The Open Dentistry Journal




ISSN: 1874-2106 ― Volume 13, 2019

Microcomputed Tomography Analysis of Mesiobuccal Orifices and Major Apical Foramen in First Maxillary Molars



Gianrico Spagnuolo 1, *, #, Gianluca Ametrano 1, #, Vincenzo D’Antò 1, Anna Formisano 1, Michele Simeone 1, Francesco Riccitiello 1, Massimo Amato 2, Sandro Rengo 1
1 Department of Oral and Maxillofacial Sciences, University of Naples “Federico II,” Napoli, Italy
2 Medical School, University of Salerno, Salerno, Italy

Abstract

Objective:

Aim of the study was to determined by microcomputed tomography (µCT) the horizontal distance between the main (MB1) and the second mesiobuccal canal (MB2) orifices, the vertical distance between the MB1 and MB2 orifices planes, and the distance between the anatomic apex and major apical foramen (AF). Furthermore, we characterized the entire internal and external anatomy of the MB, distalbuccal (DB) and palatal (P) maxillary first molars roots.

Materials and Methods:

Twenty-two intact extracted first maxillary molars were scanned by X-ray computed transaxial µCT and then 2D and 3D images were processed and analyzed.

Results:

The results showed that 77.27% of the mesiobuccal (MB) roots presented a second MB canal, and 29.41% of the MB2 were independent from the MB1 canals. In 15 teeth, there were three root canal orifices on the chamber floor, and 10 of these teeth presented MB2 canals. The mean vertical distance between the MB1 and MB2 planes was 1.68 ± 0.83 mm. Seven teeth had four orifices. The mean horizontal interorificial distance between the MB1 and MB2 orifices was 1.21 ± 0.5 mm. Accessory canals were observed in 33.33% of the roots, loops in 6.06%, while isthmuses were found in 15 of the 22 MB roots. Of the total roots, 74.24% presented one foramen, while all of the roots showed a major apical foramen that was not coincident with the anatomic apex.

Conclusions:

Our µCT analysis provided interesting features on the horizontal and vertical distance between the MB1 and MB2 orifices and on the distance of AF and anatomic apex.

Clinical Relevance:

These results have an important clinical value because might support the endodontist in the recruitment, negotiation and obturation of maxillary first molar canal system.

Keywords: First maxillary molar, anatomy, MB2, µCT.


Article Information


Identifiers and Pagination:

Year: 2012
Volume: 6
First Page: 118
Last Page: 125
Publisher Id: TODENTJ-6-118
DOI: 10.2174/1874210601206010118

Article History:

Received Date: 13/4/2012
Revision Received Date: 20/5/2012
Acceptance Date: 21/5/2012
Electronic publication date: 27/7/2012
Collection year: 2012

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© Spagnuolo et al.; Licensee Bentham Open.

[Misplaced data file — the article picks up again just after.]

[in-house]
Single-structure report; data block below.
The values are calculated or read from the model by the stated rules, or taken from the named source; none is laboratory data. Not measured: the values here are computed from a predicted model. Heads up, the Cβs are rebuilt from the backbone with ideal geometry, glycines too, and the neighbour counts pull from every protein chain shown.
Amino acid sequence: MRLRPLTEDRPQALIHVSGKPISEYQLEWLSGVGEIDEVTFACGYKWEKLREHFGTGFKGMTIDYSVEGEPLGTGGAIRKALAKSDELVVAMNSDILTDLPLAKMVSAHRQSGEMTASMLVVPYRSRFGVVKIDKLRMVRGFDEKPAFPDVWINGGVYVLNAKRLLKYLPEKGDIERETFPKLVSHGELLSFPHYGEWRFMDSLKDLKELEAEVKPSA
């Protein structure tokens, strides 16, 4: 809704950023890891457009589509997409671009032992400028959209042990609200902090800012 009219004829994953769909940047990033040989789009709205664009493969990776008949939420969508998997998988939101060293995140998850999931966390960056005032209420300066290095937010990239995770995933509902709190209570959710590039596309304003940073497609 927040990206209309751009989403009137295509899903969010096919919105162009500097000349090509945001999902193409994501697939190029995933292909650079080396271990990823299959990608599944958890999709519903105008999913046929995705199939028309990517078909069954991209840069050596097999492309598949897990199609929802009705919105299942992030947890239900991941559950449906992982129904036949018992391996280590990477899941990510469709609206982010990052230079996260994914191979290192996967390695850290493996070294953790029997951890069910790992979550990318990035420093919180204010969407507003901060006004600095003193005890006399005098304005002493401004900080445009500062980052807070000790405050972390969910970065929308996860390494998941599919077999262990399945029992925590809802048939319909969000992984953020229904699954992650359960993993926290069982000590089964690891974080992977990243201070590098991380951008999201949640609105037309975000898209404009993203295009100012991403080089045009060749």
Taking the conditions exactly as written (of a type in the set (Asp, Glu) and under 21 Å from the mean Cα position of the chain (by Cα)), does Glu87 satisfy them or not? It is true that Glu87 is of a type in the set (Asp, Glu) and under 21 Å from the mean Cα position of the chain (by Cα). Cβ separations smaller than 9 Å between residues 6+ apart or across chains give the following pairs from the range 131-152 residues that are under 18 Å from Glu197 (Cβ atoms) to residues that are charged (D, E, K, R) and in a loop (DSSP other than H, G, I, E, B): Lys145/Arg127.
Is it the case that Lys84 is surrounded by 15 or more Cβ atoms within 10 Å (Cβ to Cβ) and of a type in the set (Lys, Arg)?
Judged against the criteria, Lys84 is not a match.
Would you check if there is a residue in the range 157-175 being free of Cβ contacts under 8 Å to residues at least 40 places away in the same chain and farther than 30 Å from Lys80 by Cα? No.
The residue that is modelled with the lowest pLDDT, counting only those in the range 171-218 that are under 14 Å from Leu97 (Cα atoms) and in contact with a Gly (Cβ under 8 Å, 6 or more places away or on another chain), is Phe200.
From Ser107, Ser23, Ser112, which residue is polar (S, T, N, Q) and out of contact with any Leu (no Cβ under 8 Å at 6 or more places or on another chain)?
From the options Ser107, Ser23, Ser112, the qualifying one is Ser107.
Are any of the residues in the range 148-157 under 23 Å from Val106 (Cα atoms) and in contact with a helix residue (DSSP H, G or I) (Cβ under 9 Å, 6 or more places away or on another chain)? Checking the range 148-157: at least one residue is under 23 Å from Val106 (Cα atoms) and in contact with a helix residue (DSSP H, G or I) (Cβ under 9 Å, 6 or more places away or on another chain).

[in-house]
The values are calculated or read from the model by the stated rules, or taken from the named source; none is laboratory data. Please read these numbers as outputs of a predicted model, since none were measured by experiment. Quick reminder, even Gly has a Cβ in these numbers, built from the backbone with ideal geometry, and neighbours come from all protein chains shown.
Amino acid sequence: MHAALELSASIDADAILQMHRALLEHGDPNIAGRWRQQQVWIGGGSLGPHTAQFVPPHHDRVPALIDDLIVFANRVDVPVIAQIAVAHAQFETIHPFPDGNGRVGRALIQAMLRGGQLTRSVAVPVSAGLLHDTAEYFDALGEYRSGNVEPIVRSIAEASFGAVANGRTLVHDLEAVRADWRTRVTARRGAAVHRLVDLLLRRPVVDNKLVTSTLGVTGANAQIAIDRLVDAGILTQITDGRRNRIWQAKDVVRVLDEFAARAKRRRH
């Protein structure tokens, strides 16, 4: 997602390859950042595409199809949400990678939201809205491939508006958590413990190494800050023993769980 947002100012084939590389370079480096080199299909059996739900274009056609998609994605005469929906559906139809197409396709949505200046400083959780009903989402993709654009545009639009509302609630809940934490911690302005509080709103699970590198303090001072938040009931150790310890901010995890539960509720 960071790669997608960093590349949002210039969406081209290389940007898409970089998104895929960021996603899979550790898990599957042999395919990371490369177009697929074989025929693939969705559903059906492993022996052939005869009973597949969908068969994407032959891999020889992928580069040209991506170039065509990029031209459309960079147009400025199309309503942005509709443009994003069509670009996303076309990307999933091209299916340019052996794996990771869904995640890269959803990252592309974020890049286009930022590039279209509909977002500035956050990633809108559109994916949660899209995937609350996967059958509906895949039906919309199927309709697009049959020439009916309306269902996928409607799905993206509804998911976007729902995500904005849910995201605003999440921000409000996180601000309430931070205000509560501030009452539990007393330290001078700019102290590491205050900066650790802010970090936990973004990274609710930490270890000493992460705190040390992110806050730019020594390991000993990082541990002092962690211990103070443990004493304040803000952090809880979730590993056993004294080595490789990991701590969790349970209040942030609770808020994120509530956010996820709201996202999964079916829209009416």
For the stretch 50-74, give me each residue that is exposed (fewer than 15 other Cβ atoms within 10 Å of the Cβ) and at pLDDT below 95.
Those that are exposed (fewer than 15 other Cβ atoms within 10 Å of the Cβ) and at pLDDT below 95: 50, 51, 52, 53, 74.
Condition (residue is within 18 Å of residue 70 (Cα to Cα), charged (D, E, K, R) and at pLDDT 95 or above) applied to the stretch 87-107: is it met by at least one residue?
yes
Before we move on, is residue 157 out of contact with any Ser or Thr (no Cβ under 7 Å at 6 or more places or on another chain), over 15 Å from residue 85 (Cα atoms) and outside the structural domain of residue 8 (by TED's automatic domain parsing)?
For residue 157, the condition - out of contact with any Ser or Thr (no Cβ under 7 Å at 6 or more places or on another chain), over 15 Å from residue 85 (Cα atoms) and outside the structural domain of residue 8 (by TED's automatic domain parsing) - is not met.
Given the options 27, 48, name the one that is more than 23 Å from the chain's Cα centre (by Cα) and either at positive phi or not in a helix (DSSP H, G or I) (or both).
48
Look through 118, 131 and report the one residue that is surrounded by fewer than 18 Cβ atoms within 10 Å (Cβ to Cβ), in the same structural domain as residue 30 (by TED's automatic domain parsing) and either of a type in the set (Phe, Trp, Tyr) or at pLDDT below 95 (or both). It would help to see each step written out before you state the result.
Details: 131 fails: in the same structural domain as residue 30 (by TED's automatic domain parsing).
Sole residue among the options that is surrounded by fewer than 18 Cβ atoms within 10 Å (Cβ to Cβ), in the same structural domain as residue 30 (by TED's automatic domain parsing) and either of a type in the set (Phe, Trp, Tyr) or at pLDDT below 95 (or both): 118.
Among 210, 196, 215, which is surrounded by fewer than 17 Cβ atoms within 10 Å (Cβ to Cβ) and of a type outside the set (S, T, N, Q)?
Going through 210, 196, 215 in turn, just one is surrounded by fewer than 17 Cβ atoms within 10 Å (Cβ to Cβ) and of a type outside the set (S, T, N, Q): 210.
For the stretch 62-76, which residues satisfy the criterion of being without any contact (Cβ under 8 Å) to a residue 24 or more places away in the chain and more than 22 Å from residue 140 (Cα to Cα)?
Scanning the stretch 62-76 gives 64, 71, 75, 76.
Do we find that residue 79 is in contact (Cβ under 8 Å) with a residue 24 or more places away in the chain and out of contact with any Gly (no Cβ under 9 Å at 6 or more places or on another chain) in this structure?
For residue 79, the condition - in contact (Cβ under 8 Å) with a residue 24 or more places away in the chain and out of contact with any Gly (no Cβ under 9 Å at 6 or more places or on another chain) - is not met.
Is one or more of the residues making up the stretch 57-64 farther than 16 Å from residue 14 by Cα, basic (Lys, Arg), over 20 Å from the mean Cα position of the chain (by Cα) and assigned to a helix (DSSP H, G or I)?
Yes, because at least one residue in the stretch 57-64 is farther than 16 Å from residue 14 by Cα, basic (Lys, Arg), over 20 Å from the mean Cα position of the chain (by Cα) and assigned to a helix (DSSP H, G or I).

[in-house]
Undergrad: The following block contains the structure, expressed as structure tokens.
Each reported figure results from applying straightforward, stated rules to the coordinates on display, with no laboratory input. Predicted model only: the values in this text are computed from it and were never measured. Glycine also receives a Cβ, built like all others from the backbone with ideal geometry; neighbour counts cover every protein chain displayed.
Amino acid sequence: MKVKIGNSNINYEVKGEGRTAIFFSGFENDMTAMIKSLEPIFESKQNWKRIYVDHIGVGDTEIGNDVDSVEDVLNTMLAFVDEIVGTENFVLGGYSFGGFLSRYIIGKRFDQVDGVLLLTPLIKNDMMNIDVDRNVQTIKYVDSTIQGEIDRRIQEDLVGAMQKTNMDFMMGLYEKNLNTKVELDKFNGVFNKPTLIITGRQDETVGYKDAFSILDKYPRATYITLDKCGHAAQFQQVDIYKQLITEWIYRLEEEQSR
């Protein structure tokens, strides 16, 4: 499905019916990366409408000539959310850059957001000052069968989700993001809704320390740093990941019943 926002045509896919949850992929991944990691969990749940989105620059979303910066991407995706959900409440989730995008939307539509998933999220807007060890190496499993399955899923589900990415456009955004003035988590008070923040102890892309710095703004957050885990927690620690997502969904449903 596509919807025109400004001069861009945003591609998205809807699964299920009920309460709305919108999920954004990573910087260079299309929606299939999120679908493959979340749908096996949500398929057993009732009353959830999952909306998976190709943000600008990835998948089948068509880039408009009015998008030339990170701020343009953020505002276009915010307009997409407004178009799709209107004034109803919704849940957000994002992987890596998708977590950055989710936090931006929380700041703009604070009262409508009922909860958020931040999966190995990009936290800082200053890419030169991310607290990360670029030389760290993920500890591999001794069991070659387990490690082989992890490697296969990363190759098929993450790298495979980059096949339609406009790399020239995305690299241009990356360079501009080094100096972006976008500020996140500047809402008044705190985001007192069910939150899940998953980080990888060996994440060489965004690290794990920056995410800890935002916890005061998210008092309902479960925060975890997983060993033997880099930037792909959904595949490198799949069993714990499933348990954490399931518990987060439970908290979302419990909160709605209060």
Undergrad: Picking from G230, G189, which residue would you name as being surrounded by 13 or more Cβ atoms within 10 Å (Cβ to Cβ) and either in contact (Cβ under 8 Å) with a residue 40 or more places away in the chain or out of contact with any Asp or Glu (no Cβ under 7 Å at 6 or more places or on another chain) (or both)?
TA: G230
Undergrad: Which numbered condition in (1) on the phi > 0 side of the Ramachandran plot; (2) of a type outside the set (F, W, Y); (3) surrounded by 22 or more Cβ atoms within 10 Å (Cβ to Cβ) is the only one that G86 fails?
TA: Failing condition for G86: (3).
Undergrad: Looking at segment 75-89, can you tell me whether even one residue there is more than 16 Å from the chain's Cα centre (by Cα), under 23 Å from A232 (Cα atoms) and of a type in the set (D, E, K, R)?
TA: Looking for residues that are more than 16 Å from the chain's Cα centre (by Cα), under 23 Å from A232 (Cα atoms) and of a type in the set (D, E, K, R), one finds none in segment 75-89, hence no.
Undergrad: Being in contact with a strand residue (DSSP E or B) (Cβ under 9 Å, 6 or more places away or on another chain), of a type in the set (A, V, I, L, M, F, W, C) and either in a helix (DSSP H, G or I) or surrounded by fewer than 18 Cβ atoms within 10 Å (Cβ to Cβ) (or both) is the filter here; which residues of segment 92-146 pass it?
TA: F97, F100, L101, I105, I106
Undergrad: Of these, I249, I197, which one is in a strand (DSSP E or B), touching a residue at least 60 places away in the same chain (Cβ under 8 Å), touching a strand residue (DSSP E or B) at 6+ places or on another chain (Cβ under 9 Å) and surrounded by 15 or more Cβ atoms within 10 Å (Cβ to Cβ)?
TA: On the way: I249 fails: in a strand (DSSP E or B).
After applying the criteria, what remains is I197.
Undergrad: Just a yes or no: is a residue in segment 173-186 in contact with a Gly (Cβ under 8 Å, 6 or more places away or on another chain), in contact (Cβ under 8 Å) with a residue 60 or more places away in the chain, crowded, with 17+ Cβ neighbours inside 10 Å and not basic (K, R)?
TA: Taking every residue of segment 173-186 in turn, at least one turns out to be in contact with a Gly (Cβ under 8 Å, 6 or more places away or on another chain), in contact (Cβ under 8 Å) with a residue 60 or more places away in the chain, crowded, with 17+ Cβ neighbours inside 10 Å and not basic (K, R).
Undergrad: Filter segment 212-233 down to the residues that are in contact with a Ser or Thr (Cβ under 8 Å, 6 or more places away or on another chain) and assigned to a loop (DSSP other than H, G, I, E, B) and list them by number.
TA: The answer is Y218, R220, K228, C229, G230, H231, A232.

open-access license: This is an open access article licensed under the terms of the Creative Commons Attribution Non-Commercial License (http://creativecommons.org/licenses/by-nc/3.0/) which permits unrestricted, non-commercial use, distribution and reproduction in any medium, provided the work is properly cited.


* Address correspondence to this author at the Department of Oral and Max-illofacial Sciences, University of Naples ‘Federico II’, Napoli, Italy; Tel/Fax: +390817462080; E-mail: gspagnuo@unina.it# The first two authors equally contributed to the work.





INTRODUCTION

Anatomical variations present in the root canal system might contribute to endodontic treatment failures. Thus, the most successful treatment is often related to a good knowledge of root anatomy [1 Hess W. The anatomy of the root-canals of the teeth of the permanent dentition, part 1. New York: William Wood and Co 1925., 2 Vertucci FJ. Root canal anatomy of the human permanent teeth Oral Surg Oral Med Oral Pathol Oral Radiol Endod 1984; 58: 589-9.].

Recently, several studies assessed the characteristics of different types of teeth, and researchers focused particular attention on the maxillary first molars because of their complicated root canal morphology [3 Kulild JC, Peters DD. Incidence and configuration of canal systems in the mesiobuccal root of maxillary first and second molars J Endod 1990; 16: 311-7.-7 Cleghorn BM, Christie WH, Dong CCS. Root and root canal morphology of the human permanent maxillary first molar: a literature review J Endod 2006; 32: 813-21.]. The most frequent maxillary first molar pattern reported in the literature showed three roots with a prevalence of four canals because of the presence of two root canals in the mesiobuccal (MB) root [7 Cleghorn BM, Christie WH, Dong CCS. Root and root canal morphology of the human permanent maxillary first molar: a literature review J Endod 2006; 32: 813-21.]. Researchers used in vitro studies to learn about root canal anatomy by using various techniques. The results reported different outcomes in terms of the number of canals, ramifications, localization, number of foramina, and presence of apical deltas. These differences might depend on the various laboratory methods and techniques used [8 Baratto FF, Zaitter S, Haragushiku GA, de Campos EA, Abuabara A, Correr GM. Analysis of the internal anatomy of maxillary first molars by using different methods J Endod 2009; 35: 337-42.].